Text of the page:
The General Public License (GPL) is a widely-used open source software license that aims to protect the user’s freedom to use, modify, and distribute the licensed software. It was created by Richard Stallman and the Free Software Foundation in 1989, and it has been used as the license for many popular software projects, including the Linux kernel, the GNU Compiler Collection, and the Apache web server. In this article, we will take a closer look at the GPL and its provisions, as well as its significance in the world of free and open source software.

Rights and obligations under GPL

GPL gives the end user several rights that proprietary licenses typically do not, such as the ability to use, copy, distribute, and modify the software. However, it also imposes several obligations on the user. These include making the source code available to anyone who receives the software, preserving the GPL license on any copies or modifications, and providing a copy of the GPL license along with the software. Failure to comply with these obligations can result in the loss of rights to use the software and potential legal action.

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Distribution under GPL

Requires that any software being distributed under this license should be accompanied with the source code. Additionally, any modifications to the original software must also be made available under the GPL license. This means that anyone who receives the software has the right to access and modify the source code, as well as distribute their own modified versions of the software. It's important to understand and comply with these requirements to ensure proper use of GPL-licensed software.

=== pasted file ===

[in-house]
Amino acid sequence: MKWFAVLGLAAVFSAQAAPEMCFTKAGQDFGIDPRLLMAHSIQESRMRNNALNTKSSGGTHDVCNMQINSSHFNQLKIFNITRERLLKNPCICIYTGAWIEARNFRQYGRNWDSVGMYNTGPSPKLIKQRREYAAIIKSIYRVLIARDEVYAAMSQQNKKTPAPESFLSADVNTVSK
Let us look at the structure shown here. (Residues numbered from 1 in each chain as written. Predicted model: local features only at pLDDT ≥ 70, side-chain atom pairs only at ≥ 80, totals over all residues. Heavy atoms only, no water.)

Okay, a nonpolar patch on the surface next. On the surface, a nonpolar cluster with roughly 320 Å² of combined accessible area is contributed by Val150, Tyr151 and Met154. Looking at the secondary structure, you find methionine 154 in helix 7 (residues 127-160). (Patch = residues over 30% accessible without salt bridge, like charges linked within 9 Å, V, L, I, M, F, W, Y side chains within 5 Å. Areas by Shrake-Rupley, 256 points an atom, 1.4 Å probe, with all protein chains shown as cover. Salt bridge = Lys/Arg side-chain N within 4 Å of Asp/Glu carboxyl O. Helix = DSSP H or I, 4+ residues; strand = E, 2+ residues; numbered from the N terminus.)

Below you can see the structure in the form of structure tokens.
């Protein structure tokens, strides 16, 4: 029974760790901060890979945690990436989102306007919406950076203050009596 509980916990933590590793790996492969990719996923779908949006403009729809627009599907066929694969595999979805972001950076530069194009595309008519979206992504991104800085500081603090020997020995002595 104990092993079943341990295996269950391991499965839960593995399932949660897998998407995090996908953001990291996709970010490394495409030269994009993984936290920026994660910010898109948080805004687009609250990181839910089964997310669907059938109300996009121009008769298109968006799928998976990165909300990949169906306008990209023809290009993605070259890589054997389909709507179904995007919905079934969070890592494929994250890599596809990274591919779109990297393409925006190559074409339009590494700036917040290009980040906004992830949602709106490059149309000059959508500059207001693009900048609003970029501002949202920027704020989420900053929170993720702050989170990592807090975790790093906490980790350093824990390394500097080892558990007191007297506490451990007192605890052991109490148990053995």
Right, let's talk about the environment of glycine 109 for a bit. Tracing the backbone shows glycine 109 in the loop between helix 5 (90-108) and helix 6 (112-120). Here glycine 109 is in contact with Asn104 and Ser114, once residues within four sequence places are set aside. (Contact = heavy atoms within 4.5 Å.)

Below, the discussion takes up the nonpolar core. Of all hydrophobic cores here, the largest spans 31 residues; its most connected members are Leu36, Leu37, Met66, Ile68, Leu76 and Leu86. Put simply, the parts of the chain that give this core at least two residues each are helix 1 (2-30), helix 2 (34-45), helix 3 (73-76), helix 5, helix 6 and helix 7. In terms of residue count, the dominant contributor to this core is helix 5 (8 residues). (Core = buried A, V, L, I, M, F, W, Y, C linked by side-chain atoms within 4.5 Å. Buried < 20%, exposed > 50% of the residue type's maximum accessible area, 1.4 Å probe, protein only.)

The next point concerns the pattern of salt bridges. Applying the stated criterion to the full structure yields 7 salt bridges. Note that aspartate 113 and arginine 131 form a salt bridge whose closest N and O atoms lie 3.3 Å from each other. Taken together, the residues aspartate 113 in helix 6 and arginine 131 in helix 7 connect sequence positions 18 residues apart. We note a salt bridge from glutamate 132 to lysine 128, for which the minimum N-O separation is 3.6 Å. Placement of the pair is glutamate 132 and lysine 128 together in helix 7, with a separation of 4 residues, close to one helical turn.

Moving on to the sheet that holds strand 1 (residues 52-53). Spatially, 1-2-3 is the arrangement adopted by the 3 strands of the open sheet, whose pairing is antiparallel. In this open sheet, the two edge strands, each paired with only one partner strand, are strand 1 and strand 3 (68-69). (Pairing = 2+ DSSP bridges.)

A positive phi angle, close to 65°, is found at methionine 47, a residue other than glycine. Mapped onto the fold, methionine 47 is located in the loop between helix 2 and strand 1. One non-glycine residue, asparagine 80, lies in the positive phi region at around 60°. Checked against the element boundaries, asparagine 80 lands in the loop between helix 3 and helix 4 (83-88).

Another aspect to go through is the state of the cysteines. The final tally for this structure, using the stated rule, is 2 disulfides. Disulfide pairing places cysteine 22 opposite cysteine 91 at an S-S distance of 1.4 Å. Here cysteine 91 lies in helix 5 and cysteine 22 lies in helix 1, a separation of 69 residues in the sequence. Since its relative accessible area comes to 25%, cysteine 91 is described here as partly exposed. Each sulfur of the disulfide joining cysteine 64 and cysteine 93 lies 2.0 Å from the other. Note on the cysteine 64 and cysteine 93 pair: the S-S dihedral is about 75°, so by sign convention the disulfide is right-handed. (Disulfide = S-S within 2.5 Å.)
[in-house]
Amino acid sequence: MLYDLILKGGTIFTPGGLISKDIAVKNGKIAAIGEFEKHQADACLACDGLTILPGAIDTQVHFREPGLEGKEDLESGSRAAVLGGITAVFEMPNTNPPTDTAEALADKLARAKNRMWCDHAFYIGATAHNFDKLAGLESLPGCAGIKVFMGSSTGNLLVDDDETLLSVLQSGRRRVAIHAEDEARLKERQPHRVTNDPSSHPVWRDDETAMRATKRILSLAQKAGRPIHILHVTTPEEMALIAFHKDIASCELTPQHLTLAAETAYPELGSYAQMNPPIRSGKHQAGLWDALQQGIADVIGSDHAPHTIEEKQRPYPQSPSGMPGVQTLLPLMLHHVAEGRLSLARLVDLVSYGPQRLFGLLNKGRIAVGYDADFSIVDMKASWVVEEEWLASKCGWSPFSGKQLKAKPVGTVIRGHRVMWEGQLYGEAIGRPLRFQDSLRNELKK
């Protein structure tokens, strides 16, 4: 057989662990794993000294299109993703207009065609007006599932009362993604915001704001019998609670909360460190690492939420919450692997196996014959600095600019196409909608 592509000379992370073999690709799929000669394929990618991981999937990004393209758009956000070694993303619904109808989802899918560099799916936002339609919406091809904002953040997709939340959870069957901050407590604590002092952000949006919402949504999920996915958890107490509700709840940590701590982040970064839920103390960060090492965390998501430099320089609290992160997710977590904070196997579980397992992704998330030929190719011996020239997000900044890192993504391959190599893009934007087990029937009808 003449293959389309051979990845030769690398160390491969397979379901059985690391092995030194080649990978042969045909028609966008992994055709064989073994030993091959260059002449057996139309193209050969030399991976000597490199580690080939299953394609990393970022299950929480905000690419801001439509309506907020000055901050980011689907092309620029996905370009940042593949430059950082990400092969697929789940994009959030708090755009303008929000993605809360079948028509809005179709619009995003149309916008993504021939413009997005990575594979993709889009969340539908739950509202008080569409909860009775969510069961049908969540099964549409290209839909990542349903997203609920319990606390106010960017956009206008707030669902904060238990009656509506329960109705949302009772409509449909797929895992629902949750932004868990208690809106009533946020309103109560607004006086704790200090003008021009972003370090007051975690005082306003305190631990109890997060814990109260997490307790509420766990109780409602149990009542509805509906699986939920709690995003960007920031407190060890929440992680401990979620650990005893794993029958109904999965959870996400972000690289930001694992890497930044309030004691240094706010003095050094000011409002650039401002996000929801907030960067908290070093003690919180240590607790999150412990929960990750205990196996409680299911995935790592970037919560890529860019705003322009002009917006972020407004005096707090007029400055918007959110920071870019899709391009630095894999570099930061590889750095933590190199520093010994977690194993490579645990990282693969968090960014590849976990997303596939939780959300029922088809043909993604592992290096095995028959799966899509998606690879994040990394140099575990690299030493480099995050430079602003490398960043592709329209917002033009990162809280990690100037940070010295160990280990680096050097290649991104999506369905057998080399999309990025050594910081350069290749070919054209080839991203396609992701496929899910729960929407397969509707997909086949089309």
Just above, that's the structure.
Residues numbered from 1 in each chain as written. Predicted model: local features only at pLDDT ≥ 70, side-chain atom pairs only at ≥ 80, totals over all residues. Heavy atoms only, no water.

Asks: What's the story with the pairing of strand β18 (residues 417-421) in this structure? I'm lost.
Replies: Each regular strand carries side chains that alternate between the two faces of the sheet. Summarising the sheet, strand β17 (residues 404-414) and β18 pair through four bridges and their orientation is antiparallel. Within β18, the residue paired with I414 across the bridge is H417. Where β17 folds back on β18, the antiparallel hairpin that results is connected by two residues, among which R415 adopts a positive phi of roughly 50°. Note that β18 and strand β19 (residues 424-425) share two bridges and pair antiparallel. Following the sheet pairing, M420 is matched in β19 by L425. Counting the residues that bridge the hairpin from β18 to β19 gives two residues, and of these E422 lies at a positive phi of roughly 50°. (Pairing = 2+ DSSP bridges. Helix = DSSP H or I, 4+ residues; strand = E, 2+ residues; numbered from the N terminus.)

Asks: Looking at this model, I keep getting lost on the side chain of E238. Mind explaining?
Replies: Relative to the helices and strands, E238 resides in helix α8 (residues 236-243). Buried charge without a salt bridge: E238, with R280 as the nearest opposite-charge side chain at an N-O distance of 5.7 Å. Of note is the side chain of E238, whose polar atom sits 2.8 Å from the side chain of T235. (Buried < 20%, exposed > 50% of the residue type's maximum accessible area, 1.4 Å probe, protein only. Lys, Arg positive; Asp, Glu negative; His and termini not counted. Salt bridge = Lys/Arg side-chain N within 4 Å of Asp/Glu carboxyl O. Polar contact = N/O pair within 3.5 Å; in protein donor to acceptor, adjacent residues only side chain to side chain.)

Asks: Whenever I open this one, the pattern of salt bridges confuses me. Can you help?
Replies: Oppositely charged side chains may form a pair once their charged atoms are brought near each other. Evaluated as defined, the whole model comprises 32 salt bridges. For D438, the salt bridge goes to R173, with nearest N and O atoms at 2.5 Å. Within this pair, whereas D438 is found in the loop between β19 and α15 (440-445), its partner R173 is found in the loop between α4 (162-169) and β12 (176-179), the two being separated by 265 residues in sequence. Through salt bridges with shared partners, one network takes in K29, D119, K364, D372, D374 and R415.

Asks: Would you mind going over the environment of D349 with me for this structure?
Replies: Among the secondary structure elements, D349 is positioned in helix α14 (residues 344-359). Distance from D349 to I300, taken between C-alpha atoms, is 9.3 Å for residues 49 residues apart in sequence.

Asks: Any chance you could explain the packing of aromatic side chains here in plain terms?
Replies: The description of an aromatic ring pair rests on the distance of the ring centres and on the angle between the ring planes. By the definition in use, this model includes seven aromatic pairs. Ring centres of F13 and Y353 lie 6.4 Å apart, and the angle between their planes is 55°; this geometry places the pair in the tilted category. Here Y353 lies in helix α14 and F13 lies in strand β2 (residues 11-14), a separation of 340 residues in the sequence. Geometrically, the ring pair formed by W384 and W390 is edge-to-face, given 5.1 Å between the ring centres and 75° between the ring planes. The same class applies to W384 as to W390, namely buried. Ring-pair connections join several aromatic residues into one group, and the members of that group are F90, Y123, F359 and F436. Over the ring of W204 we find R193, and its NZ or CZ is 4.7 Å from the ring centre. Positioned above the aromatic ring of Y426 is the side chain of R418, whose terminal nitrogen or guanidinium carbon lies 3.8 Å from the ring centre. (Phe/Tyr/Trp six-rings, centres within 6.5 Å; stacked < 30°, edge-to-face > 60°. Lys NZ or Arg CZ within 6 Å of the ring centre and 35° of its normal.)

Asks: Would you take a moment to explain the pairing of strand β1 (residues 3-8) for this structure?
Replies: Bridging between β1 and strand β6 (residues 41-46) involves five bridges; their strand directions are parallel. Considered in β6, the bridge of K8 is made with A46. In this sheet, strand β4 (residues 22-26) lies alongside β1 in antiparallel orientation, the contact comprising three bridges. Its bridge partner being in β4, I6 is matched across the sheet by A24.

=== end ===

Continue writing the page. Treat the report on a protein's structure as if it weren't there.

Compatibility with other licenses

The General Public License is known for being a strong copyleft license that requires software distributed under its terms to also be licensed under the GPL. This can sometimes cause compatibility issues with other licenses, such as permissive licenses like the MIT or Apache licenses. In general, it is difficult to combine code governed by different licenses, and the compatibility between the GPL and other licenses depends on the specifics of each license. While it is possible to distribute software under multiple licenses, doing so requires careful consideration to ensure the licenses do not conflict with each other.

Enforcing GPL

Enforcing GPL involves legal action against those who violate its terms. This can be done by the copyright holder, who has the exclusive right to enforce GPL. If the violator does not comply with the terms, the copyright holder may seek injunctive relief or damages. However, some believe that the threat of legal action is not enough, and that the open source community should also be involved in enforcing GPL. This can be done through public shaming and community pressure, as well as through reporting violations to the appropriate authorities.

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